Pope Francis continues to be full of surprises. Earlier this year, he declared an Extraordinary Jubilee Year beginning on December 8, 2015, which will run through November 20, 2016. A papal bull, Misericordiae Vultus, was issued by the Vatican on April 11, 2015, and formally invokes the Holy Year, which is devoted to God’s mercy.
The tradition of the Jubilee Year dates back to 1300, and they are usually held every 25 or 50 years. The last “Great Jubilee” was declared by Pope John Paul II and held in 2000. It was particularly festive because of the turn of the millennium. Rome went through a lot of preparations for that year. Many buildings were cleaned and restored so the could look its best. Right now, Rome is scrambling to prepare for an anticipated increase in tourists, since pilgrims are expected come for the Holy Year.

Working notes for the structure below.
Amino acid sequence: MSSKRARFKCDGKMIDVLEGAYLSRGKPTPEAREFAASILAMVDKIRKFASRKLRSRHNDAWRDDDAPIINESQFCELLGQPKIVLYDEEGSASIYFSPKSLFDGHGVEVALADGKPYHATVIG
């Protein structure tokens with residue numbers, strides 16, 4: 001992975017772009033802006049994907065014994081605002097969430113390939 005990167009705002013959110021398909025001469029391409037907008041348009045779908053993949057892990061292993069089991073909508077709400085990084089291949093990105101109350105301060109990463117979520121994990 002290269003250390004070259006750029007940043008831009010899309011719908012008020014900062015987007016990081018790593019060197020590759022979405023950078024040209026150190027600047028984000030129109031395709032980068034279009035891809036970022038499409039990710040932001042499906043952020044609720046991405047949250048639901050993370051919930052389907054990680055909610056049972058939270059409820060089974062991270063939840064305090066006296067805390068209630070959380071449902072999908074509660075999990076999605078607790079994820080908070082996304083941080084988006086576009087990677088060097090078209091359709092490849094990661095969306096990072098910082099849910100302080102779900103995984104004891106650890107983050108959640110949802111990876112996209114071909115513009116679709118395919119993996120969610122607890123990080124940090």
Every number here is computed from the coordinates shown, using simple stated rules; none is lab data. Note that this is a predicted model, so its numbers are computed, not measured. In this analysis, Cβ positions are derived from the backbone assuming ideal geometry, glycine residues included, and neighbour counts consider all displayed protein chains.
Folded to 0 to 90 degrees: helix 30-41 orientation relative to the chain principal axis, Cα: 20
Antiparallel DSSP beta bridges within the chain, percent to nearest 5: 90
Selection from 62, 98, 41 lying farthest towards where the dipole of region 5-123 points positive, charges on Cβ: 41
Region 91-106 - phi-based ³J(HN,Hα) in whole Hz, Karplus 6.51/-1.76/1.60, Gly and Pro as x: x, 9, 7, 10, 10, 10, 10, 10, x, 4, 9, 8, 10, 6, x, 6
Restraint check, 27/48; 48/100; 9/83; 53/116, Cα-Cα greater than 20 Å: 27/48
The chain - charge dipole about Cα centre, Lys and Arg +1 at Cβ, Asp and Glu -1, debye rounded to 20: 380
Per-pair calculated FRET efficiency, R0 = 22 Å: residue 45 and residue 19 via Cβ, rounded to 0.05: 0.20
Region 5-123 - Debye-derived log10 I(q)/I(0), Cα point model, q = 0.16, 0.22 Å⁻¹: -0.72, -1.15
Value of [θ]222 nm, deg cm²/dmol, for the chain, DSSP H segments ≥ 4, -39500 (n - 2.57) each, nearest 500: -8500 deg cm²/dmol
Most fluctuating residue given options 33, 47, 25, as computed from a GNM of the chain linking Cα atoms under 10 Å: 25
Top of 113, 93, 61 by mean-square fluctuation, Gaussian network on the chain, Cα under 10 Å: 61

If you visit St. Peter’s Basilica today, you’ll notice the three massive doors leading into the basilica. One of these is normally closed — the massive and beautiful “Holy Door.” Today, those doors are not only closed but also bricked up from the inside. On the first day of the Jubilee Year, however, Pope Francis will open the Holy Door to let the pilgrims enter the basilica.
Tradition dictates that going through the doors will take away one’s sins (albeit some other actions may be required as well). So, your chance to walk through these doors is coming up.
At the end of the Jubilee Year, the doors will be closed again, and their openings bricked up. Then, we will probably wait until 2025 or so for them to open up again.
This Jubilee Year begins on December 8, 2015, which is also the Feast of the Immaculate Conception. Traditionally, the Pope comes to little Piazza Mignanelli, which is just around the corner from us near the Spanish Steps, on that day. In that piazza is the massive Column of the Immaculate Conception, and a statue of the Virgin Mary stands atop it.
With the help of local firefighters and their crane, the pope places a wreath in the hands of the Madonna. We saw Pope Benedict do this a few years ago, and Piazza Mignanelli and Piazza di Spagna were absolutely packed with people. With Pope Francis, a rock star of a pope, you can bet on a massive (but energized) crowd this December 8.